HB202: Cracking Down on Unlicensed Midwives
This bill failed in committee.
Libertas Institute opposes this bill.
A woman clearly has the right to birth her own child. She does not need to, but may (and usually does) request the assistance of one or more people to ensure the process goes well—doctors, midwives, a husband, or friend. Midwives, of course, are quite popular, and in Utah they need not be licensed in order to offer their services to interested expecting mothers.
A midwife may elect not to become licensed in Utah for a variety of reasons: because it is restrictive, because she prefers not to be regulated by the government, because she doesn’t use drugs or practice in a manner that would require licensure, or because she views birth as a normal physiological process—and not a medical event. Whatever the reason, there are many unlicensed midwives in Utah, catering to an exploding market of women choosing to birth their babies at home.
This bill would mandate unlicensed midwives to require their prospective clients to sign an informed consent form that states that:
- the midwife is not licensed by the government;
- the midwife’s education and qualifications have not been reviewed by the state;
- the midwife is not authorized to carry or administer prescription medications; and
- the risk of harm or death to a mother or newborn may be greater because the midwife is not licensed by the government.
Further, the form would have to describe the various types of midwife licenses issued by the state and the minimum qualifications for each, a plan for transporting the client to the hospital if a problem occurs, among other information.
We strongly support informed consumerism; a person hiring a midwife, landscaper, piano teacher, cook, or anybody else should due their due diligence to ensure that the individual is safe, competent, knowledgeable, and has a good track record.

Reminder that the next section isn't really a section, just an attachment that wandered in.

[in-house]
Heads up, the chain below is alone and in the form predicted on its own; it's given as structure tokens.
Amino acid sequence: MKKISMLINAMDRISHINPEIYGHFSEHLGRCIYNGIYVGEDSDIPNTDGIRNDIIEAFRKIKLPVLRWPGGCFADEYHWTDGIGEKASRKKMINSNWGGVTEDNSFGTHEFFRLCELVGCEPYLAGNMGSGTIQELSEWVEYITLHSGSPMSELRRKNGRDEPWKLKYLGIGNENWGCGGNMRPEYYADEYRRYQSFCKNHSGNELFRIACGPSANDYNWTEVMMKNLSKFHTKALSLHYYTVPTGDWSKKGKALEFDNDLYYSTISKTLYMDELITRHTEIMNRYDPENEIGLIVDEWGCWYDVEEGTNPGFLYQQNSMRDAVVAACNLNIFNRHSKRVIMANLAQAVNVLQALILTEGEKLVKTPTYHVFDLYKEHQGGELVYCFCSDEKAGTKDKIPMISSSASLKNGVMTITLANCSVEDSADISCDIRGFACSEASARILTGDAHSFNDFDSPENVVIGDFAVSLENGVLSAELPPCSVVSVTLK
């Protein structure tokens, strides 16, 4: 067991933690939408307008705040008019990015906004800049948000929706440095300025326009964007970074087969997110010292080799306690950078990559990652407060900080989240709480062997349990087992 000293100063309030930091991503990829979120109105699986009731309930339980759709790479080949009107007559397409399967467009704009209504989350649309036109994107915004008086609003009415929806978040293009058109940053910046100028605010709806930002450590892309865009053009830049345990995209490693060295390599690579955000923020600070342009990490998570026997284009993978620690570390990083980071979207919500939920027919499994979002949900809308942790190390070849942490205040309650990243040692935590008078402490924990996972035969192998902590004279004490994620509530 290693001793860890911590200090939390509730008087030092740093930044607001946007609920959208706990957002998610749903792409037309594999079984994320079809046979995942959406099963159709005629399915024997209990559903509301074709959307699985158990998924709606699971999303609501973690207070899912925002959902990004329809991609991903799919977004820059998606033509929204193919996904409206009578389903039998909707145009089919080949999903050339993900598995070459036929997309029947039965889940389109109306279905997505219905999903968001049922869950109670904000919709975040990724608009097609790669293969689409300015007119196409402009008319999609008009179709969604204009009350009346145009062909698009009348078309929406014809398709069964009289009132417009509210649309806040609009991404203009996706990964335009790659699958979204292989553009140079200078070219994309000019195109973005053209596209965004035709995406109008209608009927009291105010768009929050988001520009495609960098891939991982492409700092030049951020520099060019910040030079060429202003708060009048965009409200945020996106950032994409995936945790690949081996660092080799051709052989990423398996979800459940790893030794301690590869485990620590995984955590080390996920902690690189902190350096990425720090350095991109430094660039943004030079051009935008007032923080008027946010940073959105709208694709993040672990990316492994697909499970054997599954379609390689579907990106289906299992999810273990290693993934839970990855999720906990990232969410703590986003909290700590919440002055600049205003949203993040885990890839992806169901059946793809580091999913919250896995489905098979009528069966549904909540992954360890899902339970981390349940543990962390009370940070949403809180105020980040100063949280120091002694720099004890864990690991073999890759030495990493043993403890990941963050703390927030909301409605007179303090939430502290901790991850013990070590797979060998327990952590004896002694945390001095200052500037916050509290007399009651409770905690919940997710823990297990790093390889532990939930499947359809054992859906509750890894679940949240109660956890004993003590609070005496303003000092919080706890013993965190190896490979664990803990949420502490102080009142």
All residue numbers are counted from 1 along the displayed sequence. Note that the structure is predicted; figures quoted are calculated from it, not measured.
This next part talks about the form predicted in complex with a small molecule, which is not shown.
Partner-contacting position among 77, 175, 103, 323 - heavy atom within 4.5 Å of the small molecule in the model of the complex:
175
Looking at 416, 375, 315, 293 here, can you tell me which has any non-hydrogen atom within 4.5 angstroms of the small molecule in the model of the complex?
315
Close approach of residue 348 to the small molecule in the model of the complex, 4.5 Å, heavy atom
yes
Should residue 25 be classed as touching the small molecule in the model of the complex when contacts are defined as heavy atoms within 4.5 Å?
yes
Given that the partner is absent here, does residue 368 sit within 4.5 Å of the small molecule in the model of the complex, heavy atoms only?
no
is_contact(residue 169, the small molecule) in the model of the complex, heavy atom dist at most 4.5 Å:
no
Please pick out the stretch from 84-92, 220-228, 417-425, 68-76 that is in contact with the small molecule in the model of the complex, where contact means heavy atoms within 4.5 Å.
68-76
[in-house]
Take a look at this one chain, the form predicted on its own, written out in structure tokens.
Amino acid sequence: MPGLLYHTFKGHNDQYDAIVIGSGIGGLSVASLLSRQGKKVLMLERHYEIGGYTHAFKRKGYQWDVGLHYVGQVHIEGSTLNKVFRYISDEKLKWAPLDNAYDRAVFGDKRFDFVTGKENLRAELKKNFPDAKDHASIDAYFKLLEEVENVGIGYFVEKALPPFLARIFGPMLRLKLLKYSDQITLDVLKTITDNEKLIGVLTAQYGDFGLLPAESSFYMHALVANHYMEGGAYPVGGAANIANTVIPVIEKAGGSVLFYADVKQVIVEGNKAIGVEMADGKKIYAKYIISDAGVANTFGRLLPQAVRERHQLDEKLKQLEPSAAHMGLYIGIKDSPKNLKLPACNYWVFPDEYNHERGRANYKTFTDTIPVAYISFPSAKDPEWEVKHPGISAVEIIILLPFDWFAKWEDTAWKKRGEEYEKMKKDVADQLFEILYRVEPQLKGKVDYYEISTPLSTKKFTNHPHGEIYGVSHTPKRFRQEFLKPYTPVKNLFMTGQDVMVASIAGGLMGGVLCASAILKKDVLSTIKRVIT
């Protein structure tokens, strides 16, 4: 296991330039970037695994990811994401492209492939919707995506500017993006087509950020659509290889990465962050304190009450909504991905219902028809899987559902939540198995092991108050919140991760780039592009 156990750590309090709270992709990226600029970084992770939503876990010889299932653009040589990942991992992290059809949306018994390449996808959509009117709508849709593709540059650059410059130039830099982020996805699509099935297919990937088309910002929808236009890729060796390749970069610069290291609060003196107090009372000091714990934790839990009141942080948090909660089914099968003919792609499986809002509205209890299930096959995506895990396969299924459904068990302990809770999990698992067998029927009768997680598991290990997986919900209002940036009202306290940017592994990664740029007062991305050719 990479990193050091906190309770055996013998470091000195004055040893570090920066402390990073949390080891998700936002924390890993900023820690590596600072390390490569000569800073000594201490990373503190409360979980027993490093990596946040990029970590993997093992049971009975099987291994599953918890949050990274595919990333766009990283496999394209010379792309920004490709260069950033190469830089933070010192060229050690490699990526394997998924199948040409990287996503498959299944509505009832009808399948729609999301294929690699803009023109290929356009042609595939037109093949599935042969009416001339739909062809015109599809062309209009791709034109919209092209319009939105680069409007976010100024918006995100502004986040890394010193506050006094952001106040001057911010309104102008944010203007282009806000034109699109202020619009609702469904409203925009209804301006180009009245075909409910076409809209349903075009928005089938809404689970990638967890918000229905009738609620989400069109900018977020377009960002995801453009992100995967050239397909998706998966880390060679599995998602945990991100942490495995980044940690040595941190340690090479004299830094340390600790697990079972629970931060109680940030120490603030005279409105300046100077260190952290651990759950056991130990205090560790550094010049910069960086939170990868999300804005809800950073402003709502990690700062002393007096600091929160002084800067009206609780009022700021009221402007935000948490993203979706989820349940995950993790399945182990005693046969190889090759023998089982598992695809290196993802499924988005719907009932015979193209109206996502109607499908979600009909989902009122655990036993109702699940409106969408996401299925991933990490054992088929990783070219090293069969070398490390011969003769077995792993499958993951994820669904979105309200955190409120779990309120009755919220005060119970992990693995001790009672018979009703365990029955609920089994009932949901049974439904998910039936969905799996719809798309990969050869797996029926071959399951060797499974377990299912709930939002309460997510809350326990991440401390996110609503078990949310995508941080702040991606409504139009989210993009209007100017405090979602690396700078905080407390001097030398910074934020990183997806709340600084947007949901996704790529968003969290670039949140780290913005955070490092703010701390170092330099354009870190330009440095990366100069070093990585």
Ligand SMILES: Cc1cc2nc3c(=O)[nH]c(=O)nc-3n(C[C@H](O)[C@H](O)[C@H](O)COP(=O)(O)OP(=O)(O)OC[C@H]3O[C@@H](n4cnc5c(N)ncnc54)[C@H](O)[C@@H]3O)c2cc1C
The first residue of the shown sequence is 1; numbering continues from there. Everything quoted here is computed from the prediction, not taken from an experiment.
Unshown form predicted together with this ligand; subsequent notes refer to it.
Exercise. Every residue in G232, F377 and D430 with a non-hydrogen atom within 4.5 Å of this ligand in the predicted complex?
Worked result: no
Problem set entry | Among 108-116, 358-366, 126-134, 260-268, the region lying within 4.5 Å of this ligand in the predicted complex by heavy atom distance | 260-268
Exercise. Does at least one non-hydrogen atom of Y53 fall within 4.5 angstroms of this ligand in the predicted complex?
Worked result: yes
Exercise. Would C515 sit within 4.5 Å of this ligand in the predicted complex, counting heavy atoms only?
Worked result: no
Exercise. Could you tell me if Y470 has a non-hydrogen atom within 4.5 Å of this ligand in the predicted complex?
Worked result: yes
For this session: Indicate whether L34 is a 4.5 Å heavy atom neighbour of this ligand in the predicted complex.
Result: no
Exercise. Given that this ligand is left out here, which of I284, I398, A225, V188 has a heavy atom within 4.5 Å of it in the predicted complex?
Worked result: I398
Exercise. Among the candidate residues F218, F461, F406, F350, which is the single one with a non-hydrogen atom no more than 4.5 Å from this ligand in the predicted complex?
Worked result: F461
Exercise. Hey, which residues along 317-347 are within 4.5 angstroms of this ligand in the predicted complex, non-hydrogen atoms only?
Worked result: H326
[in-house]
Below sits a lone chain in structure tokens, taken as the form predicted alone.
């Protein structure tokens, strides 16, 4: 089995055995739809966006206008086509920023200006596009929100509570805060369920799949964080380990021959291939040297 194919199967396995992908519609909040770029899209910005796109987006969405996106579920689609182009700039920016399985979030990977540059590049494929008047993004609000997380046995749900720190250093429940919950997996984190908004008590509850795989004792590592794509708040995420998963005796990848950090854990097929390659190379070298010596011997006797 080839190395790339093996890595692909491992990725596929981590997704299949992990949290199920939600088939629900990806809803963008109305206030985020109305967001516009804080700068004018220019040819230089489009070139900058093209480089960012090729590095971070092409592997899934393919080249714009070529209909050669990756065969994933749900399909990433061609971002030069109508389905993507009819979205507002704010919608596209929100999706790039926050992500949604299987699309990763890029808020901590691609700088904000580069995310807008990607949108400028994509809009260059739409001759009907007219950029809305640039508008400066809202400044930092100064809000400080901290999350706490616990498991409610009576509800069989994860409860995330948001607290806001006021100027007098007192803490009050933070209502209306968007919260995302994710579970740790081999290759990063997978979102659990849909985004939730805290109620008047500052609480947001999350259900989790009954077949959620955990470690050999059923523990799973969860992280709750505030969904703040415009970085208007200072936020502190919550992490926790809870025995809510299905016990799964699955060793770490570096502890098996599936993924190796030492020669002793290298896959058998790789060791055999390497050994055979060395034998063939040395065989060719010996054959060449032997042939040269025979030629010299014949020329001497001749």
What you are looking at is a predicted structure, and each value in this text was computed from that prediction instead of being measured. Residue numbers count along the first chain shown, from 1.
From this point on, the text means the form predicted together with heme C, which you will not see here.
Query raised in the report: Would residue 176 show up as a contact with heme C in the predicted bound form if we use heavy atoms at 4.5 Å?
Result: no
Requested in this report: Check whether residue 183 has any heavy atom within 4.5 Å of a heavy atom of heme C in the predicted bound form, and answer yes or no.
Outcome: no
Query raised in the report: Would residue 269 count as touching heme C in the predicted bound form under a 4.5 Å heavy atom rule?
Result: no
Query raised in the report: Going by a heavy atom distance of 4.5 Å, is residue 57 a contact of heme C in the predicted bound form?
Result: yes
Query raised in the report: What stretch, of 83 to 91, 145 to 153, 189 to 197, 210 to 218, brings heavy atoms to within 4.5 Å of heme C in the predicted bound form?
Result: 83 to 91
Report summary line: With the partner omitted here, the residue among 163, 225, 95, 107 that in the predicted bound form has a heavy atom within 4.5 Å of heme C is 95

But government licensure does not guarantee safety, competency, knowledge, or good service. Passing a test approved by bureaucrats is not an indicator of quality of work; plenty of government-licensed practitioners have harmed—even killed—people. What’s tragic is that the government’s role in licensure has led people to believe that their blessing is sufficient to become an informed consumer. They therefore fail to do their own due diligence, and depend upon the scrutiny (or, actually, lack thereof) of government employees.
Mandating this form would reinforce this flawed mentality, and therefore should be opposed; the government should not be allowed to coerce free people into suggesting that they are not competent, whereas those licensed by the government are. Further, this form would perpetuate the speculative and misleading suggestion that “the risk of harm or death to a mother or newborn may be greater because the midwife is not licensed by the government,” which is inappropriate. For these reasons, and despite encouraging everybody to become informed consumers, we oppose this legislation.